12 Lack of complaints– Why? Cultural Barriers Language Barriers Lack of Education & Rights Awareness Shame/Embarrassment Over Traumatic Event Fear of Retaliation Poverty, no other job Lack of mobility- isolation Fear of Court & Gov’t

13 Challenges Specific to Immigrant Survivors Living in Rural Areas Lack of infrastructure No comprehensive services – Lack of cultural consideration in provision of services – One advocate for several counties – Non-compliance with LEP Rural area; physical limitations: – Small community- none or little confidentiality – Workplace may be “the only one” in miles – Lack of transportation Immigration issues: – The employer may “be in on it” ASISTA- Sonia Parras Konrad

14 Challenges- cont. INTERNAL  Cultural stigma  Lack of support system  SA dynamics education  Immigration status  Isolation

15 Challenges-cont. EXTERNAL/SYSTEMATIC  Language access,  Traditional service model inaccessible,  Health care,  Lack of information on assistance & rights,  Transportation,  System lack information,  Anti immigration  Prejudice,  Lack of coordination systems,  Lack of investigations/prosecutions, Cap of damages

16 Intersectional Discrimination  Immigrant status – foreigner, guest worker, undocumented worker, etc.  National origin, religion, race, age, etc.  Socio-economic status – poverty, limited education, etc.  Traditional attitudes concerning women in society in general and in work  Limited English proficient – Almost half (46%) of all foreign-born workers in the U.S. are LEP. (Nearly 73% of LEP workers speak Spanish.)  Domestic violence at home Immigrant women face gender-based discrimination and other forms of “otherness” which can further disadvantage or make them vulnerable:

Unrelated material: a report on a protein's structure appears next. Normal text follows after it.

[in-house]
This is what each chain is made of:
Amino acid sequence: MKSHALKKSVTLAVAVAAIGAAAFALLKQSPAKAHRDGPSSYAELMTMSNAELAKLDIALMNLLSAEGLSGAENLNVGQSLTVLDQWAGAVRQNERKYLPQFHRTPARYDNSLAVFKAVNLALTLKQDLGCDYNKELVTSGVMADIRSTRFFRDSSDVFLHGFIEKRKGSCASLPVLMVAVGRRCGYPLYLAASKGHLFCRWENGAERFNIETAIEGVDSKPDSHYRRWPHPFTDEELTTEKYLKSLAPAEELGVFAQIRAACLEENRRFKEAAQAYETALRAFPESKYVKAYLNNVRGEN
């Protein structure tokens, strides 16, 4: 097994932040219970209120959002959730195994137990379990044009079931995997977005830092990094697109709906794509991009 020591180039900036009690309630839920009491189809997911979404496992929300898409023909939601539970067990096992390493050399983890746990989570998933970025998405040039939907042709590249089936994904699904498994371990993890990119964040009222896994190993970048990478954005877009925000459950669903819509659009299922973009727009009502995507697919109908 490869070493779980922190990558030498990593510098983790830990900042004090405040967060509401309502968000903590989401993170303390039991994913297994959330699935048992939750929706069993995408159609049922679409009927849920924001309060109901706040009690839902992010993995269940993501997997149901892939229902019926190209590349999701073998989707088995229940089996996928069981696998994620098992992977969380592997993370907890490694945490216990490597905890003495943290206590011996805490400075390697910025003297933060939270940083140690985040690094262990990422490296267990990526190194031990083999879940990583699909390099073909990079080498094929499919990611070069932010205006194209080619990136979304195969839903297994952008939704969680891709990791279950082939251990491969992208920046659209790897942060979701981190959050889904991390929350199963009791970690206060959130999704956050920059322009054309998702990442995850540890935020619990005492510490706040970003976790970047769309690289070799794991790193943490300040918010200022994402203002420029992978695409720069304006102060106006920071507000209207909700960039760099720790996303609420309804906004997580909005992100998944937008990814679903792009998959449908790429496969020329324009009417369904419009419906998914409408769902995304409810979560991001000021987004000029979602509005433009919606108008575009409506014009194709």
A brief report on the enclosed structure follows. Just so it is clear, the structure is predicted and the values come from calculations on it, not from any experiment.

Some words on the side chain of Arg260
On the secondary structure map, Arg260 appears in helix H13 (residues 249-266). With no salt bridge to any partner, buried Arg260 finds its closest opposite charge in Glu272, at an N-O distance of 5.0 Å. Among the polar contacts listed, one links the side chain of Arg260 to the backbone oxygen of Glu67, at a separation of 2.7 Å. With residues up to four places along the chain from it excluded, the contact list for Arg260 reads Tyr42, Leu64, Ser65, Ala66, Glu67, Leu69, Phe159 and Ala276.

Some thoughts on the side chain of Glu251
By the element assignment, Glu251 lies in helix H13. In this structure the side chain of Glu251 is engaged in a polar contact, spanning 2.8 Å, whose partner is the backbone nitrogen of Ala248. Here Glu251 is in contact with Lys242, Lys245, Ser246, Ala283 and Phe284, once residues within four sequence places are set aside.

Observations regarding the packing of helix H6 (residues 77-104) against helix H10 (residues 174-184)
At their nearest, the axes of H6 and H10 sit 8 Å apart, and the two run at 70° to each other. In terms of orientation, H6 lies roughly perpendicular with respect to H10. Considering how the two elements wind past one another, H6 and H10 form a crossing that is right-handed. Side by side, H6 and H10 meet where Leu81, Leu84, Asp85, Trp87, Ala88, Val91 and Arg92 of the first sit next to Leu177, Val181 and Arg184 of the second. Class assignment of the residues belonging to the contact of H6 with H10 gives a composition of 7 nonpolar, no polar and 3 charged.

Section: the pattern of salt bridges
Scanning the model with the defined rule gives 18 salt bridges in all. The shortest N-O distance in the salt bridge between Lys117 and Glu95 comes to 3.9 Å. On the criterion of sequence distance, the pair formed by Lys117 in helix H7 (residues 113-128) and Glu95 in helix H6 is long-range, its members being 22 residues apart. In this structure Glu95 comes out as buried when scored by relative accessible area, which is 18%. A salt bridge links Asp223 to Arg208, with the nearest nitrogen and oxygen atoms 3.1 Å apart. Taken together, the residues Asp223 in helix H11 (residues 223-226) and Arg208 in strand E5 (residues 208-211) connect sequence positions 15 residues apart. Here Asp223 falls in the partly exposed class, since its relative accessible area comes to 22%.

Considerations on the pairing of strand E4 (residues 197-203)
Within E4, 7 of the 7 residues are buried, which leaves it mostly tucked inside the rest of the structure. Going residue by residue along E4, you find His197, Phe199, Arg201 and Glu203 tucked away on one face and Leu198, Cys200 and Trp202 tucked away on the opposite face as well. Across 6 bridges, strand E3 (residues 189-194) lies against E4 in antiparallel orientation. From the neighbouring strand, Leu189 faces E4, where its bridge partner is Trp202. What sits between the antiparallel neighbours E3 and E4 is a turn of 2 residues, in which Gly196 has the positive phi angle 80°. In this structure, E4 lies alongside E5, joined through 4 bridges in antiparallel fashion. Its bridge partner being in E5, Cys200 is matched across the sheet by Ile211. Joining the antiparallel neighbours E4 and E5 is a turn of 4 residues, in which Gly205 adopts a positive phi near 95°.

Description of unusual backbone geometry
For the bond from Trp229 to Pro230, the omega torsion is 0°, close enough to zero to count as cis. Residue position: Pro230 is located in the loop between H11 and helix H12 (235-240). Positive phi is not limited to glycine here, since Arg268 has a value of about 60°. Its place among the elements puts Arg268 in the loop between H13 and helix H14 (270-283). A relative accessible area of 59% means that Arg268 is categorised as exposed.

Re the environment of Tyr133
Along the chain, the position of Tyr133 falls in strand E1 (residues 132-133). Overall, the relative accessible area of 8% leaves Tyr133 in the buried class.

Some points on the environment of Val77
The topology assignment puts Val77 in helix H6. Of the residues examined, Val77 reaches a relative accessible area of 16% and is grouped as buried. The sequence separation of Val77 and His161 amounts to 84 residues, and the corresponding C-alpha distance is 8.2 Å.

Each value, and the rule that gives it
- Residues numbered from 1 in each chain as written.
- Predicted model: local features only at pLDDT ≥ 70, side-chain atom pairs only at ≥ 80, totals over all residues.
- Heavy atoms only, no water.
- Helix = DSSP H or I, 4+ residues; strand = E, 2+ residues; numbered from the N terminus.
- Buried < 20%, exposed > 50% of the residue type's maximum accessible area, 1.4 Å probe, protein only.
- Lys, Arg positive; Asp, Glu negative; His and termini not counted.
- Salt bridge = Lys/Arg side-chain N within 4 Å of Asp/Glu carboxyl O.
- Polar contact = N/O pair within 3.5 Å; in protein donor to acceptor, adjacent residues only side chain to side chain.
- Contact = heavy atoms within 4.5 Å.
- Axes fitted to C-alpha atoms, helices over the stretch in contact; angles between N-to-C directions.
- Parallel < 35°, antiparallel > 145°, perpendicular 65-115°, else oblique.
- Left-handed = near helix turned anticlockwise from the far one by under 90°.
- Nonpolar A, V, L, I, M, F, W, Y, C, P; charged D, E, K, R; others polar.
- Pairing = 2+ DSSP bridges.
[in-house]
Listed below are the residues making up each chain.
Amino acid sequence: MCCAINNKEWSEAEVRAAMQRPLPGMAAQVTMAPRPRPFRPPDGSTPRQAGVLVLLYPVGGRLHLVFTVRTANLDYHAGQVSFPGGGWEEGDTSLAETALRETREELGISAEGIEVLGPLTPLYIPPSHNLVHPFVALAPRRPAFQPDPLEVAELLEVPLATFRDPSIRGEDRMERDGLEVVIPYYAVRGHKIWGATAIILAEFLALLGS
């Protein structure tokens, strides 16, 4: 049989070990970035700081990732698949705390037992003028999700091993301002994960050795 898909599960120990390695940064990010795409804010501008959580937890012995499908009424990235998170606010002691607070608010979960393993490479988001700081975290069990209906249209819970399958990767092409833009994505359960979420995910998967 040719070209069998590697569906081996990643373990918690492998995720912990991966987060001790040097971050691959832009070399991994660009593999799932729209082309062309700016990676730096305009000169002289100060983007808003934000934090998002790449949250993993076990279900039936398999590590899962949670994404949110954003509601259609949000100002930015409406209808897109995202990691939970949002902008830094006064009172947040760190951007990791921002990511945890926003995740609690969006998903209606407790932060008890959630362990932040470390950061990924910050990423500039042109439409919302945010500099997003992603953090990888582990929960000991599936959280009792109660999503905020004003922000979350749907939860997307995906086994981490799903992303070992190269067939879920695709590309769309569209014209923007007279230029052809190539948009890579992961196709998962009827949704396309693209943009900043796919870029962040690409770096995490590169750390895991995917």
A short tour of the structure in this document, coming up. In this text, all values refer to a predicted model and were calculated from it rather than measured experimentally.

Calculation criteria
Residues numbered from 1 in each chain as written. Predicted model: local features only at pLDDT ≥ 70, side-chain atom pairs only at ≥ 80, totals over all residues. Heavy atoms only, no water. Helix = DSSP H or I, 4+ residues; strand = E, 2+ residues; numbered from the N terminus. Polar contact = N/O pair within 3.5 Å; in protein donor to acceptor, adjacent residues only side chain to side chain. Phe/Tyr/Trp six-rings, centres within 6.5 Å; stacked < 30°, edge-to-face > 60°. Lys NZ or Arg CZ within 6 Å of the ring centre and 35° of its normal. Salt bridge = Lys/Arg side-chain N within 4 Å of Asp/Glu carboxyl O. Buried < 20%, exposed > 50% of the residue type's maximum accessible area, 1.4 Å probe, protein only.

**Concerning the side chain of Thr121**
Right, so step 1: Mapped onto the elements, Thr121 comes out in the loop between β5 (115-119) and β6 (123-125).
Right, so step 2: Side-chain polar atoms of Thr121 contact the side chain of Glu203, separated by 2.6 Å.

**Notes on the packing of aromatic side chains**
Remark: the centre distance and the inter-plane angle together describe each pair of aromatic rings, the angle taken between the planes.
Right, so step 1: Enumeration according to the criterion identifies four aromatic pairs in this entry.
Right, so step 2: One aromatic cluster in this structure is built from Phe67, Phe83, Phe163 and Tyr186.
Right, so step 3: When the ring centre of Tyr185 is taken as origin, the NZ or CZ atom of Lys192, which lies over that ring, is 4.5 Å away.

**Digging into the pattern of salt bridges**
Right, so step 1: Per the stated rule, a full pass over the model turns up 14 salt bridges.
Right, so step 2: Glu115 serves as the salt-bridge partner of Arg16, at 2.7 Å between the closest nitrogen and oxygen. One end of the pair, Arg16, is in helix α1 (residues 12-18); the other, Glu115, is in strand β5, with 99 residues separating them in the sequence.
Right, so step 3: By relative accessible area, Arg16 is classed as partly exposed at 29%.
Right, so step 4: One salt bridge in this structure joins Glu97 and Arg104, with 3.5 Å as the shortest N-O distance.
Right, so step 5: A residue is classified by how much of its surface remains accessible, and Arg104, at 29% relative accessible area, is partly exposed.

17 Additional challenges Domestic violence Border rape Rape at home country Poverty Limited education Attitudes towards women’s rights, reproductive health etc Guest Undocumented Immigrant status Age Race Religion Continuum of violence Socio economic status ASISTA- Sonia Parras Konrad

18 What does this mean for our work? Populations who are vulnerable to sexual assault Employed in situations often “out of sight” of accountability systems Population increases often occurring in areas with few existing resources for those with LEP – Health care – Legal resources – Community support systems ASISTA- Sonia Parras Konrad

19 VIOLENCE IS VIOLENCE Sexual violence in the workplace is violence – sexual violence is a form of sexual harassment Need for movement to address workplace – sexual assault by supervisors, co-workers DV: target abusers, criminal justice SH: target is company for $$ and changes ASISTA- Sonia Parras Konrad

20 Violence & Control Perpetrator co-worker company company controls all conditions of work company policies and practices Perpetrator Intimate relation Controls inside of the household and outside Imposes rules to follow or else Sexual harassment/assault Domestic violence ASISTA- Sonia Parras Konrad

21 Violence & Control Stay because job is lifeline for victim and family; retaliation against victim, family members, coworkers Immigrant workers, language, isolation remedy is $$$, termination of harasser, new company policies and practices Stay because… retaliation against victim, family members, coworkers Immigrant face challenges imposed by our systems remedy is civil or criminal SH/SADV ASISTA- Sonia Parras Konrad